the potential that the evidence would be disputed as it is not from a jointly
instructed expert and compliance with the direction has implications for both
the financial and human resources of the NHS, which impact on the services
provided to patients.
The Court expressed sympathy regarding the
additional burdens placed on the NHS and Trusts by s 49 directions but
ultimately decided that the original direction should stand. In response to the 10 arguments put forward
by the Trust, the judge noted that the instruction of a single joint expert
would have additional cost implications (including for one privately paying and
self-representing party) and would incur delay (the Official Solicitor having
been unable to identify an independent expert who would be able to report for
several months). The judge took into
account that the Rules and Practice Directions governing s 49 reports set
out the format and contents of such a report, and so medico legal experience is
not required. Again mindful of the
resource implications of a s 49 direction, DJ Bellamy explained that the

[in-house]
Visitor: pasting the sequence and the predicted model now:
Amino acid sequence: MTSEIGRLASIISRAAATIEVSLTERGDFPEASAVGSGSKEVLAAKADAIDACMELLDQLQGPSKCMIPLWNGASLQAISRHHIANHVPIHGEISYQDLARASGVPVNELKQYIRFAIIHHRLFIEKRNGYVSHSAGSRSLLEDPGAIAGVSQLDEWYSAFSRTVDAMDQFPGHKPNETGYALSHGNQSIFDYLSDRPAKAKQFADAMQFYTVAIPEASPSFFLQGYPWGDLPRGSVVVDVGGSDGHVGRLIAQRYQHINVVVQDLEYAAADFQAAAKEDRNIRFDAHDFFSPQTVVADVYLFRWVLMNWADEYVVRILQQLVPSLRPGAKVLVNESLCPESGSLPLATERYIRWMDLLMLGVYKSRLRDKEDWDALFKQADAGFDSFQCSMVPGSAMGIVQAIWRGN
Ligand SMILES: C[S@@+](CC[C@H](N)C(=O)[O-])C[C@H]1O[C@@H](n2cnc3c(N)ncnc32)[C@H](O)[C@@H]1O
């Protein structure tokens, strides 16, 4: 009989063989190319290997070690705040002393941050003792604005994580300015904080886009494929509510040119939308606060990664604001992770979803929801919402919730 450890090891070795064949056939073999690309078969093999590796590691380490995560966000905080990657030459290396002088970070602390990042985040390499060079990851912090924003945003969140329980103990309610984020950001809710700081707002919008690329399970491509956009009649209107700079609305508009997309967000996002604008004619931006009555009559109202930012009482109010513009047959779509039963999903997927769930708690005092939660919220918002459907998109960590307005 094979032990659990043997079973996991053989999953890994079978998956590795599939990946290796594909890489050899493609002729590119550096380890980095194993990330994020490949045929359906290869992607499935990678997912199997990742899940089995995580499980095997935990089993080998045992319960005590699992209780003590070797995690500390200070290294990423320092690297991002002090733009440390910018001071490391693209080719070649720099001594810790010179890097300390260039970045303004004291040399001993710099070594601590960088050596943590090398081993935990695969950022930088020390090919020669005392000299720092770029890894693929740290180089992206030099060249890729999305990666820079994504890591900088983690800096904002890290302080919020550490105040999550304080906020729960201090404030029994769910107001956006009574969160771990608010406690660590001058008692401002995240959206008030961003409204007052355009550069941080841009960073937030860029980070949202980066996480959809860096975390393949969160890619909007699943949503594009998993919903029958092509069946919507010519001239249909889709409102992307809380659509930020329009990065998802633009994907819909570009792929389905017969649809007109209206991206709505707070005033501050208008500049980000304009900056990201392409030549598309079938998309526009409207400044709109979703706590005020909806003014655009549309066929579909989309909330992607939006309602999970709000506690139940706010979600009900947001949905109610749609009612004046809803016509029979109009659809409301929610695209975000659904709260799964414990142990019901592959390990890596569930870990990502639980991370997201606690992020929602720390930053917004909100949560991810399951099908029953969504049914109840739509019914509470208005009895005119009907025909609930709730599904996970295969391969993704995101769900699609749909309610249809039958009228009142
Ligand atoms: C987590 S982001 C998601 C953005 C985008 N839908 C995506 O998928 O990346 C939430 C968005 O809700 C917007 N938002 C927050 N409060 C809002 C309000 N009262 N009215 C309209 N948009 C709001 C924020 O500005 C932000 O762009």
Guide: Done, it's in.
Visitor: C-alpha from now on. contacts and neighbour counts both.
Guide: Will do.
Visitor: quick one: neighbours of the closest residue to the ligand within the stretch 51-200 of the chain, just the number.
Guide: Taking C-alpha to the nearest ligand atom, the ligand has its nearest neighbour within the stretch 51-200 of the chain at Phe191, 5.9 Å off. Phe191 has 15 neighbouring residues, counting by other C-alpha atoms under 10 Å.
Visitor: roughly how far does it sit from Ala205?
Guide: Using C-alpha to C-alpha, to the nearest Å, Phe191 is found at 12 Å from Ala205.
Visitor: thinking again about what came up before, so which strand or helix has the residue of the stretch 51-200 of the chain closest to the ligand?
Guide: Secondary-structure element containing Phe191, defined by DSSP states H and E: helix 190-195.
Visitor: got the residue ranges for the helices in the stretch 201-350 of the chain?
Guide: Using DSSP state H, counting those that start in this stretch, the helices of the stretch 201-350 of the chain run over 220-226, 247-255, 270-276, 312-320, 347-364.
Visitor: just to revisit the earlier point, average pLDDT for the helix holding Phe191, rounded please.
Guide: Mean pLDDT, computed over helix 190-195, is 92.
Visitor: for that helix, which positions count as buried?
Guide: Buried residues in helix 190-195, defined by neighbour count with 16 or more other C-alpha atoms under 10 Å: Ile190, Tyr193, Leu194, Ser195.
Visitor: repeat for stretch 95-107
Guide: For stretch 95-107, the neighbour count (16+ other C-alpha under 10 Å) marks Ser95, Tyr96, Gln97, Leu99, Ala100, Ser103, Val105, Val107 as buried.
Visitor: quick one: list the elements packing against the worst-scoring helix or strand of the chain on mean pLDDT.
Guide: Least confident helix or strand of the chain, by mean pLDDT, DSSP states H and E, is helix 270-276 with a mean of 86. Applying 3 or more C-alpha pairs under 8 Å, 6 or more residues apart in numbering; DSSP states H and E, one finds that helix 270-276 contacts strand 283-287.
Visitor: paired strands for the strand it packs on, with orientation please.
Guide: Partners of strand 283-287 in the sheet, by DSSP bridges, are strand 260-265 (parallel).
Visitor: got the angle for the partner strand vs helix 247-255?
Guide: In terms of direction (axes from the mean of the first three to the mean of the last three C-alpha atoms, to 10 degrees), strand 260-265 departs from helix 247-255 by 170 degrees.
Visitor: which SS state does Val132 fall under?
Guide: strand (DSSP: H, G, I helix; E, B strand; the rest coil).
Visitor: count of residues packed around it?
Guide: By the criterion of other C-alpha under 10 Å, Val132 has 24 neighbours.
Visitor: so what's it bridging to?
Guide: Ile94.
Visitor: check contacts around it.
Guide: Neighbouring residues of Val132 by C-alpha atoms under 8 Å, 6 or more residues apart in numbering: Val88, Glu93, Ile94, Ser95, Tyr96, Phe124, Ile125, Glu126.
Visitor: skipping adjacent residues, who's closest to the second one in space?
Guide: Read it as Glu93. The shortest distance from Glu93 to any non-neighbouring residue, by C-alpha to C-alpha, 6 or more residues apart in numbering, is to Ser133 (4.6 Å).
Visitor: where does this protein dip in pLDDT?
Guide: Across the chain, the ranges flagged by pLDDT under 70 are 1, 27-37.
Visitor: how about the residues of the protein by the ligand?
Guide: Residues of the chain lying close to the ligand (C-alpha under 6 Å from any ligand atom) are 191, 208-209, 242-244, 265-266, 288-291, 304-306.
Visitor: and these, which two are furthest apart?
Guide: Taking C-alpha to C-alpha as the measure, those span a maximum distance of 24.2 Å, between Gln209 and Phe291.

Court of Protection will carefully consider resources, listen to arguments from
the Trust (especially in respect of timeframes for compliance and the scope of
the work to be undertaken) and make every effort to accommodate the preparation
and extent of the report so as to limit, wherever possible, the disruption in
healthcare provided to patients; however, the Trust must bear the costs
associated with the direction, as there are no provisions for costs to be met
in any other way.
was somewhat critical of the Trust for not having made its application more
promptly and opined that, in future, whilst compliance with s 49
directions is subject to reasonable adjustment, that would be on the application
of the Trust or NHS body so directed and that such applications must be made
promptly and supported by evidence.
THIS JUDGMENT WAS DELIVERED IN PRIVATE.